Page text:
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    http://www.writingexcuses.com/2010/07/25/writing-excuses-4-29-line-editing/

    —Huffduffed by luiscamarillo

  4. The Roundtable Podcast » Blog Archive » Workshop Episode 57 (Guest Host: Mary Robinette Kowal)

    Mary Robinette Kowal – Hugo Award-winning author of Shades of Milk and Honey, Glamour in Glass, Without a Summer, and Valor and Vanity – returns to the Roundtable to workshop a tale of supernatural murder. Guest Writer Nicole Munro brings a darkly delicious YA story about the machinations of the Fae Court and a young man’s quest to find the truth behind his brother’s murder. Ideas fly, inspirations abound, and (dare I say it) Literary Gold is achieved! If you don’t believe me, click that “PLAY” button (and if this feast of writerly awesomeness isn’t enough for you, check out Mary’s Showcase Episode!)

    PROMO: “The Cromcast“

    Workshop Episode 57 (Guest Host: Mary Robinette Kowal)

    Produced by Lucie Le Blanc

    [caution: mature language - listener discretion is advised]

    Podcast: Download (Duration: 1:01:01 — 55.9MB)

    Check out this and all our episodes on iTunes and on Stitcher Radio!

    Mary’s Awesomeness includes…

    Listen to her and the other splendid co-hosts of the Writing Excuses podcast

    Her work has appeared in several anthologies including “The Hugo Award Showcase 2010” (that she also edited)

    You can explore the portfolio of her puppetry studio

    …and definitely bookmark her website to stay in the loop regarding her appearances and projects

     

     

    Share this:

    About Dave Robison

    Dave Robison has indulged in creative pursuits his entire life.

    His CV includes writing Curious George fan-fiction at the age of eight, improv theater at age ten, playing trumpet at age twelve, as well as a theater degree, creating magazine cover art, writing audio scripts, designing websites, creating board games, hosting mythological roundtables and generally savoring the sweet drought of expression in all its forms.

    His years of exploration give him a unique, informed, and eloquent perspective on the art of storytelling.

    View all posts by Dave Robison

    Tags: Fae Court, Faeries, Mary Robinette Kowal, mystery, Nicole Munro, YA

    Categories: Workshop Episodes

    You can skip to the end and leave a response. Pinging is currently not allowed.

    One Response to Workshop Episode 57 (Guest Host: Mary Robinette Kowal)

    Dan Dan The Art Man says:

    July 8, 2014 at 1:53 pm

    This episode was fantastic. Mary brought some great insight, Brion and Dave added excellence as always, I’m so glad this podcast is BACK!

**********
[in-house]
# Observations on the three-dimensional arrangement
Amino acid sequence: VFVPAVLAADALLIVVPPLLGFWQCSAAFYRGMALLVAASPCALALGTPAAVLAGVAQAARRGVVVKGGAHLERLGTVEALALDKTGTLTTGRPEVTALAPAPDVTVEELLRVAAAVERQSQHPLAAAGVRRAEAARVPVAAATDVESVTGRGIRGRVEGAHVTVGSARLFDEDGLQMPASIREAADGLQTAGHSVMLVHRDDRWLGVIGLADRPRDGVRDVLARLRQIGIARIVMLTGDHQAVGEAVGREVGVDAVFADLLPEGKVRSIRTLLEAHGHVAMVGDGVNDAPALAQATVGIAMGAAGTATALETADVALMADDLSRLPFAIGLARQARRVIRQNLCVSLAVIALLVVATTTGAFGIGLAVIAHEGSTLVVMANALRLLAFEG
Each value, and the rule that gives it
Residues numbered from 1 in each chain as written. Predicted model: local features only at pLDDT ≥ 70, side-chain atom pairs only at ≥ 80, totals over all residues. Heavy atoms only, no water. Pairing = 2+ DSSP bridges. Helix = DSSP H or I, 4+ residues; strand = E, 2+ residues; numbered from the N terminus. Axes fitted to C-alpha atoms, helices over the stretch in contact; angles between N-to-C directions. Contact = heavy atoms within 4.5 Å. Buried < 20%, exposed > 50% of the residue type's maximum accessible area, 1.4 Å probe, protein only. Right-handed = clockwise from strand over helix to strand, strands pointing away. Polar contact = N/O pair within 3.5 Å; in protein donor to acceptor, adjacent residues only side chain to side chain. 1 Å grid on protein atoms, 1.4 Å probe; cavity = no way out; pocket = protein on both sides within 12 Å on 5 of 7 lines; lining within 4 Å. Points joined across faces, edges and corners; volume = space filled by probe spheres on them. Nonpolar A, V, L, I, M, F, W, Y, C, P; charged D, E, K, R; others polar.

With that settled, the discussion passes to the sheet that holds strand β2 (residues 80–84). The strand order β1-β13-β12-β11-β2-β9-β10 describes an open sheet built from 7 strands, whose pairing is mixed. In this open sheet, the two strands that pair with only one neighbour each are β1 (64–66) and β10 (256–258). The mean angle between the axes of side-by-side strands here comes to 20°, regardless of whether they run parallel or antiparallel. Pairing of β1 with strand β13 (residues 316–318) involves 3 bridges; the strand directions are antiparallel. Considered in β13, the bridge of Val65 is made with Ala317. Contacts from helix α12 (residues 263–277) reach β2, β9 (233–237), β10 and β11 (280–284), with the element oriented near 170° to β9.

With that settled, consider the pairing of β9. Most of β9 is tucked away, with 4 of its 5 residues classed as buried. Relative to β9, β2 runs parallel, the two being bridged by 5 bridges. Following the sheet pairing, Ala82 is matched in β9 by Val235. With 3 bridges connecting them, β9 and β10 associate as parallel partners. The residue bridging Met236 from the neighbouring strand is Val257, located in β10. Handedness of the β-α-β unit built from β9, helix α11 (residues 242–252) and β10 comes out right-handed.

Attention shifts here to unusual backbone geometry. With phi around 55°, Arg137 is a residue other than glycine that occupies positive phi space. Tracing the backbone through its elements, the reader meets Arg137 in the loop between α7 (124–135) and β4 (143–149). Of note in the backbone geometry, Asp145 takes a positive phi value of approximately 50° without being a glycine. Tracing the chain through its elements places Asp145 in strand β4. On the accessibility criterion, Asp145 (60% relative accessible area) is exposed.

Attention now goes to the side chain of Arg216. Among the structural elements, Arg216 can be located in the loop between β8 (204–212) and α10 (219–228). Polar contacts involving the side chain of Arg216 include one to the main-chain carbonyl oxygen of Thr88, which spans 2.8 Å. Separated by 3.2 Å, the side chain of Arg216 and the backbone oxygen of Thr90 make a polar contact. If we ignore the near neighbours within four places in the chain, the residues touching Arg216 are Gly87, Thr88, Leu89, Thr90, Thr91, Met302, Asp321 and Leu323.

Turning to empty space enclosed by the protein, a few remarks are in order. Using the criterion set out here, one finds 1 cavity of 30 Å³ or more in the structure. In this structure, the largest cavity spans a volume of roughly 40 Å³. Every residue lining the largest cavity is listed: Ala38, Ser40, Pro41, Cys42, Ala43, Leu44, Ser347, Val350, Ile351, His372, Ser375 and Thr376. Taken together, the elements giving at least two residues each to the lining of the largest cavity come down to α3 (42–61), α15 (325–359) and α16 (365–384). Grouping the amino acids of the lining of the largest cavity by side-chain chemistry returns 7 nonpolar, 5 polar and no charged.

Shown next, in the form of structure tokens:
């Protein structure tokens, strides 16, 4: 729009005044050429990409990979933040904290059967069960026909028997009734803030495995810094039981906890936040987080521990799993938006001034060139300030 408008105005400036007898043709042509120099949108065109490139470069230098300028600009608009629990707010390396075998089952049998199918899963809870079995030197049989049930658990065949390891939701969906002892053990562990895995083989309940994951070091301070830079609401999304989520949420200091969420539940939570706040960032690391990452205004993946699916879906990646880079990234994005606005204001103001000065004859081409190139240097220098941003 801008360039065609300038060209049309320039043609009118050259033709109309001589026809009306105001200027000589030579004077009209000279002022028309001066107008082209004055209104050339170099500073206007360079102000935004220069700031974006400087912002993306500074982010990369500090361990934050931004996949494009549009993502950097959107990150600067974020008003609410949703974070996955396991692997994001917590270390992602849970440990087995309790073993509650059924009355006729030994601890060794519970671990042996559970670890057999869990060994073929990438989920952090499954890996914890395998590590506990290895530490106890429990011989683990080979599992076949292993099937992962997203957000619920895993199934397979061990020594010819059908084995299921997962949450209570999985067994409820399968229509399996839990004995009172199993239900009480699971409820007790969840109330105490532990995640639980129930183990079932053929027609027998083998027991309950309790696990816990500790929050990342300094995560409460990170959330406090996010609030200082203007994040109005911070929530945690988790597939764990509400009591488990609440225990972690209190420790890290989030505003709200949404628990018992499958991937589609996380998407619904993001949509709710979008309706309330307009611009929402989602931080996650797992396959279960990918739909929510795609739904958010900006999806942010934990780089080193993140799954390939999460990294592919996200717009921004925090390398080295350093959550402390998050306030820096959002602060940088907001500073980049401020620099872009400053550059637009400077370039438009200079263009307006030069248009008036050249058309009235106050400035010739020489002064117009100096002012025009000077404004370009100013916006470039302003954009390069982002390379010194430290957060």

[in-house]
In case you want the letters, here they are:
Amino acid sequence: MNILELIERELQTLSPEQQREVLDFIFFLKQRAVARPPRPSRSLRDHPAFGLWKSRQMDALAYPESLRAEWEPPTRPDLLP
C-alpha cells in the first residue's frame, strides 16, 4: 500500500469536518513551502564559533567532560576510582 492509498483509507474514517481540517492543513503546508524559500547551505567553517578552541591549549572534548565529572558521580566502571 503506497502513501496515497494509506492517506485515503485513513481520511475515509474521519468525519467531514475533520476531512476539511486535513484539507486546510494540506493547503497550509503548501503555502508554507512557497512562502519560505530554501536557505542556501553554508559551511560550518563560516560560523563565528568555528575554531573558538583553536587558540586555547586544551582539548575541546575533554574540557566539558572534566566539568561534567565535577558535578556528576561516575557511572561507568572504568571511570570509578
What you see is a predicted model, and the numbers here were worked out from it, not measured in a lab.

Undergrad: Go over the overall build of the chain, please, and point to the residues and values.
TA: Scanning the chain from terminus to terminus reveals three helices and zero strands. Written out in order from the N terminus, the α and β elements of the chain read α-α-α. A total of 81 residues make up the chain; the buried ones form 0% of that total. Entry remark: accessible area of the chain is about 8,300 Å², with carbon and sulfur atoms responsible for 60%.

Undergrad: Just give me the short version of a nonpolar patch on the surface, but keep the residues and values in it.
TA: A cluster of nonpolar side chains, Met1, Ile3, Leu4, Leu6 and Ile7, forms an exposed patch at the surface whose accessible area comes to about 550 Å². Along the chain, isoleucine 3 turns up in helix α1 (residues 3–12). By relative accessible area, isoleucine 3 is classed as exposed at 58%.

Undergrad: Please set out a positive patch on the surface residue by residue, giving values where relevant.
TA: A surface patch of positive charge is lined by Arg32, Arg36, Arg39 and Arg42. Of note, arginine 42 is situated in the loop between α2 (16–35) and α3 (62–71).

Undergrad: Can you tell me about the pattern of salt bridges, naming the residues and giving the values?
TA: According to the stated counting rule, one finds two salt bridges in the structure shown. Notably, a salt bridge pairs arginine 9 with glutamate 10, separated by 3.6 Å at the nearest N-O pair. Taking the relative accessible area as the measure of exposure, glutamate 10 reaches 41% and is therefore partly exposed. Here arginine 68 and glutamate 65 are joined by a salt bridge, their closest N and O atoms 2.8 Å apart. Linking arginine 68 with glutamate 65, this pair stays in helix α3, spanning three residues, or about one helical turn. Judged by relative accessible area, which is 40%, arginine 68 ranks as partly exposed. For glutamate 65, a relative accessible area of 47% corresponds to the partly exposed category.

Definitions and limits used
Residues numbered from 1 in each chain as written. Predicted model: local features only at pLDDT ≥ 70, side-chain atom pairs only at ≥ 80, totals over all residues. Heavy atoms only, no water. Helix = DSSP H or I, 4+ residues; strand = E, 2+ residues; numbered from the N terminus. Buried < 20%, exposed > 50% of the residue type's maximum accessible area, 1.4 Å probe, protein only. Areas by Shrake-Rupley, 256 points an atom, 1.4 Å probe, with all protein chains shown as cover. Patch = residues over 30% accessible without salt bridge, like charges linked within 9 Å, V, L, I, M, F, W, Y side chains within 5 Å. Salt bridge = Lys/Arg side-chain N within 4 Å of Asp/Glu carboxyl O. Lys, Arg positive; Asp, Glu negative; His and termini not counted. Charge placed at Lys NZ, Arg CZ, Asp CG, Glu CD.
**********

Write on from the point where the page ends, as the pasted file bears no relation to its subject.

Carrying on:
Reply

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    http://www.roundtablepodcast.com/2014/07/workshop-episode-57-guest-host-mary-robinette-kowal/

    —Huffduffed by luiscamarillo

  5. Writing Excuses 4.12: Writing An Epic » Writing Excuses

    Did Robert Jordan define the modern epic?

    I first picked up EotW when I was 13, uncertain at first, but it defined fantasy reading for me for the next 15 years.

    Even though his series defined so much of fantasy for me, I have to say the series really drags.

    When I give the series to friends, they never get past book 4.

    Many saying they end up breezing past page after page.

    I even had my true love relate to me recently that she was even skipping pages in EotW.

    This leads me to ask, what is so great about WoT?

    And could robert jordan’s universe have been as good as it is if it was tightened up to say 6 books?

    I recently read steve erickson’s “garden’s of the moon” and even though that book is 800 pages long, it never drags for even a moment.

    It flips view points so that every scene is buzzing.

    But when I look back at the book and what i just read, I feel like I have just read a good story.

    I don’t feel like I have been drawn into something bigger than me, like I did with EotW.

    It doesn’t have the same “epic” quality to me.

    So is there something to the long meandering details that fill the pages of somebody like Jordan’s books?

    Is epicness just length?

    or is it a book that draws the reader into a world where they question and wonder at the world?

    If that is the case, all of these new era books, can they accomplish the same with their super focus on the characters with minimal emphasis on the backdrop and canvas?

    Wheel of time created so much wonder in me.

    The world was so full of life, i was constantly hoping the story would move to all of the various nooks and crannies on the maps.

    When I read modern “epics” like John Brown’s SoaDG, although really good, it leaves me with no wonder about the world.

    It is just character driven.

    Although I am only 200 pages in, I am not getting the calling to “come spend some time in this carefully crafted world” like I did with the WoT.